Every year, with the falling of the leaves, it sneaks up into bed with me. It follows me around and twists it's cool long fingers into my thoughts. It hides behind doors and comes out when I'm alone--when thoughts are idle. And then it curls up at my feet and follows me around like a loyal but loathsome pet. And I don't even see it's there.
Ever since college I get into a funk during the winter. At first I thought it was the grey skies of Tacoma. When nothing I could think of would make me happy and one morning I woke up and couldn't remember the last time I had laughed. So I moved to Santa Cruz. Then I thought it was the relationship there ending. It followed me from Santa Cruz to Davis--a shadow of dysthymia and disproportionate irritation. Then to Cincinnati when in the solitude of my second year I didn't go to class for weeks, showing up only for exams and slinking away afterward so I wouldn't have to talk to anyone. Hardening myself against the world from the inside out so I could at least function in my studies and my work. Taking the only solace I knew in doing well with my learning.
And here it is again, here, in Sunny San Diego. I've felt off for months. It came slowly up, like it always does. And had given me a year of forgetting and of lowering my guard and relearning sensation. I didn't even know it was there until today. But looking back I wonder how I could have been so fooled and so blinded to my own frigid bed partner.
Szilvie visited in January. She cried and wanted me to share more. I couldn't. I hadn't with anyone. Part of me knew that if I did it would all flood out in tears I couldn't handle and didn't want to start. So I reassured her that it wasn't her. I got angry and held myself further away, telling myself I shouldn't get close to people who care about me because then my aloof protection strategy hurt more than just myself. And I didn't want that.
Simultaneously, Ali started to get angry with me about not sharing with him--not talking--not smiling like I did. "For months, now," he told me last night, "your smile seems fake and wrong. You have a flat affect." He doesn't sleep well when I'm distant. He doesn't understand. I don't understand. "Nothing makes me happy," I told him at one point in an attempt to communicate. But he takes it personally and sees it as his problem and his failure. "It's not," I tell him, but I can see that he doesn't believe me. He doesn't sleep well a lot.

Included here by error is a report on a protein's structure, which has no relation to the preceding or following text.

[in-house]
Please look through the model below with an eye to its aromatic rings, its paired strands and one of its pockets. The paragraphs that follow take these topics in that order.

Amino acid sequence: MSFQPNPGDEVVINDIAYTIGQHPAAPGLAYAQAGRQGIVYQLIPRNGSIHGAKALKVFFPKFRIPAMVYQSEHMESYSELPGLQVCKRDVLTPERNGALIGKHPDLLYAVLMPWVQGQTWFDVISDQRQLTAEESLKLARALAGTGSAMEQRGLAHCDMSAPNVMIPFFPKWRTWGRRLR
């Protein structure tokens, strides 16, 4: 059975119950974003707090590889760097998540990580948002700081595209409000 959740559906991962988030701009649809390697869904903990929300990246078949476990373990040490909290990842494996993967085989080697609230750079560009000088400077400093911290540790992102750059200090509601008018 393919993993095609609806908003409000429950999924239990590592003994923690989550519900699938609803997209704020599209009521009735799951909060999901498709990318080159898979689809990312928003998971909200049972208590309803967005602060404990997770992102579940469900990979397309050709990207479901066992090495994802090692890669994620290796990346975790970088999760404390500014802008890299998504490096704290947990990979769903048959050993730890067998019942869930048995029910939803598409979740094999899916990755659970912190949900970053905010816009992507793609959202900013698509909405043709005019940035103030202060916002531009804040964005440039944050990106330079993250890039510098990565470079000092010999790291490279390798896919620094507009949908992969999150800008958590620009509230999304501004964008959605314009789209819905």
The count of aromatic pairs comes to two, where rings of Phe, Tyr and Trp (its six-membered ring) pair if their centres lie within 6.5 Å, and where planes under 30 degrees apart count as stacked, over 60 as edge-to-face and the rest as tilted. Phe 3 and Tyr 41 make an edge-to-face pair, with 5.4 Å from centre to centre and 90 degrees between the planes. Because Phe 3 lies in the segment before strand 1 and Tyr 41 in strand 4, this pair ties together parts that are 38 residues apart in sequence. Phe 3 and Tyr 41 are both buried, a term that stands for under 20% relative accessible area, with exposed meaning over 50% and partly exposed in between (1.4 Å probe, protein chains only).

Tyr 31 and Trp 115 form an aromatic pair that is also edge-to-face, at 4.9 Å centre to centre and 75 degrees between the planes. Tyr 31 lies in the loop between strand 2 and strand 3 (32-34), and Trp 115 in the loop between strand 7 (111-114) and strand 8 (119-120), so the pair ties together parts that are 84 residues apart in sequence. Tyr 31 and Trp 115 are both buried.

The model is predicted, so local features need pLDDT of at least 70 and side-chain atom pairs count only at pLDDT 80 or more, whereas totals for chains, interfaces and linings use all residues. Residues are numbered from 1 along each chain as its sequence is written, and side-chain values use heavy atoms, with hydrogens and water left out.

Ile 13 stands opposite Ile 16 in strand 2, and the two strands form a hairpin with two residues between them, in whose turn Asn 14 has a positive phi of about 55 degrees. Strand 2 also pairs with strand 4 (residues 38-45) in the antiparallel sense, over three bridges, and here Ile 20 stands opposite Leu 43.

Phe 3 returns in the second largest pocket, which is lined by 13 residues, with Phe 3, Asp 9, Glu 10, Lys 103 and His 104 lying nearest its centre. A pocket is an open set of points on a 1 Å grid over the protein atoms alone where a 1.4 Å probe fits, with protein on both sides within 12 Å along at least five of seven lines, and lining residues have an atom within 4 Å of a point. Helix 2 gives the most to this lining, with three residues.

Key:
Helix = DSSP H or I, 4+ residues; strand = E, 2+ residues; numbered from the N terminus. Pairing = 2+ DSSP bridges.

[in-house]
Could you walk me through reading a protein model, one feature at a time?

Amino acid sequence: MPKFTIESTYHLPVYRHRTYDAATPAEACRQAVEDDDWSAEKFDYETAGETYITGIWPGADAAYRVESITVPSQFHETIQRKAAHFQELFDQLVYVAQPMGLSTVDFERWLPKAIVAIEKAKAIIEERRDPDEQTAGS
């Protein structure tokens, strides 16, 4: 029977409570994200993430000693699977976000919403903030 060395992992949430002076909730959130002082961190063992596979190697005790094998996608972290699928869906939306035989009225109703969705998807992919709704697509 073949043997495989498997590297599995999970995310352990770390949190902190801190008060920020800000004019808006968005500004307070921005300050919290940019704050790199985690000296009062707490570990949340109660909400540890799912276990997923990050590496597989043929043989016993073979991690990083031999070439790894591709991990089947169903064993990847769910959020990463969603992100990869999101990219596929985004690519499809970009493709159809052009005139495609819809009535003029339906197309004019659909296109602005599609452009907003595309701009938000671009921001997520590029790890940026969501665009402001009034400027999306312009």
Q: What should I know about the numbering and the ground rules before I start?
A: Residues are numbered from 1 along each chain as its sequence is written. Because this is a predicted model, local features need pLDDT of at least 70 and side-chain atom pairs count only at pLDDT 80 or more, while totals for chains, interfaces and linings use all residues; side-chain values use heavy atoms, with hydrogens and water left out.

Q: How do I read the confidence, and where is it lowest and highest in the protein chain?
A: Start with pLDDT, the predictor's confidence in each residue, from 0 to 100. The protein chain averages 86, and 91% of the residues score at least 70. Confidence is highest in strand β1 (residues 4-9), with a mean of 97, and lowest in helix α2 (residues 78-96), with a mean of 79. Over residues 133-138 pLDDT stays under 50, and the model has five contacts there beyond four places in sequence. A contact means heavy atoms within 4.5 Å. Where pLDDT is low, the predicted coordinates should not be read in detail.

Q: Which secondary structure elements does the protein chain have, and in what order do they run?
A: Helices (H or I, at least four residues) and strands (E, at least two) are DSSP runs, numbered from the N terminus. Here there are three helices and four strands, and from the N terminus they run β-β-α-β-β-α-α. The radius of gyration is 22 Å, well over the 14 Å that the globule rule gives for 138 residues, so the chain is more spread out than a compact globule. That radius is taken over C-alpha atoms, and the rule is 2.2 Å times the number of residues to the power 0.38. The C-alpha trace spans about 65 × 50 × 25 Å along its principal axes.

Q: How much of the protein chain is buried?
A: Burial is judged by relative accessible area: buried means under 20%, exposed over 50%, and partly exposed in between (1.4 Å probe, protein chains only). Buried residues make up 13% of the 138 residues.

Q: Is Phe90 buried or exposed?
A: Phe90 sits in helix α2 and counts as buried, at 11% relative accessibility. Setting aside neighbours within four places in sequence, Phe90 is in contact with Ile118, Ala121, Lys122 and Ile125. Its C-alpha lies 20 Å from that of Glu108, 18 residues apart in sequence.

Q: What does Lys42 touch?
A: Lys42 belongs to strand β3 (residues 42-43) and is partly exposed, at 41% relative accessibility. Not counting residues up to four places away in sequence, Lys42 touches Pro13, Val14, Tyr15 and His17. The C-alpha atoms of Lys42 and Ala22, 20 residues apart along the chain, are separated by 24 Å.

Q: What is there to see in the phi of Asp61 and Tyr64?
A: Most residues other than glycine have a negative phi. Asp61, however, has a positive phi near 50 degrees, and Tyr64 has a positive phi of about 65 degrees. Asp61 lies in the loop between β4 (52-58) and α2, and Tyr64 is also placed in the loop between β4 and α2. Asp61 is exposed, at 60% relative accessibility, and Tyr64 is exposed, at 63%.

And all I want to do is sleep. I get to places 20 minutes early and the thought of dragging myself in and having extra time for people to ask me questions feeds the anxious doldrums, so I crawl into the back seat of my car, behind the limo-tinted dark windows and I sleep. I sleep for 15 minutes. I slept once for 21 hours in my bed. I sleep early and I sleep late. I tell myself it is my schedule. Or it's my lupus. Or my prednisone is dosed too low.
Or it's that I miss Pop (those times I cry myself to sleep). I dream about him a lot still. In my last dream, he tells me I've been sad for 37 days. He says I don't need to be sad anymore. In another he comes back to life, but he has tubes and lines in him and he's sick. I wonder now if he felt like he needed to come back to fight off the demons that always fled for me before his unconditional and infinite smile and joy just to share a few words with someone he loved. And he loved me.
Or it's about work, when I fret for days over something I think I should have done better. Something I should have known faster. Something I should have taught the med students better. Or done more to make call bearable for my interns. Or admit a patient on a moonlighting night who I wanted more time to evaluate before rushing on to the next four waiting for me to see them. Or, longer term, wondering if i should go on to study rheumatology (and see my own lupus magnified days after day) or endocrine, or stick with primary care and hope that I don't miss diagnoses.
Or I should do my taxes or check my patient list at the VA or go for a run or read more or write more or study more. I work myself into a fretting funk and the shadow smiles gleefully, feeding on my fears and my worries.
Bernie told a story that he'd heard in church the other day about two wolves in Cherokee tale (is it really always the Cherokee, or is that just the American Indian group who's name we can best pronounce and remember?):
"One evening an old Cherokee told his grandson about a battle that goes on inside people.
"He said, "My son, the battle is between two "wolves" inside us all.
"One is Evil. It is anger, envy, jealousy, sorrow, regret, greed, arrogance, self-pity, guilt, resentment, inferiority, lies, false pride, superiority, and ego.
"The other is Good. It is joy, peace, love, hope, serenity, humility, kindness, benevolence, empathy, generosity, truth, compassion and faith."
"The grandson thought about it for a minute and then asked his grandfather: "Which wolf wins?"
"His grandfather answered "The one you feed the most."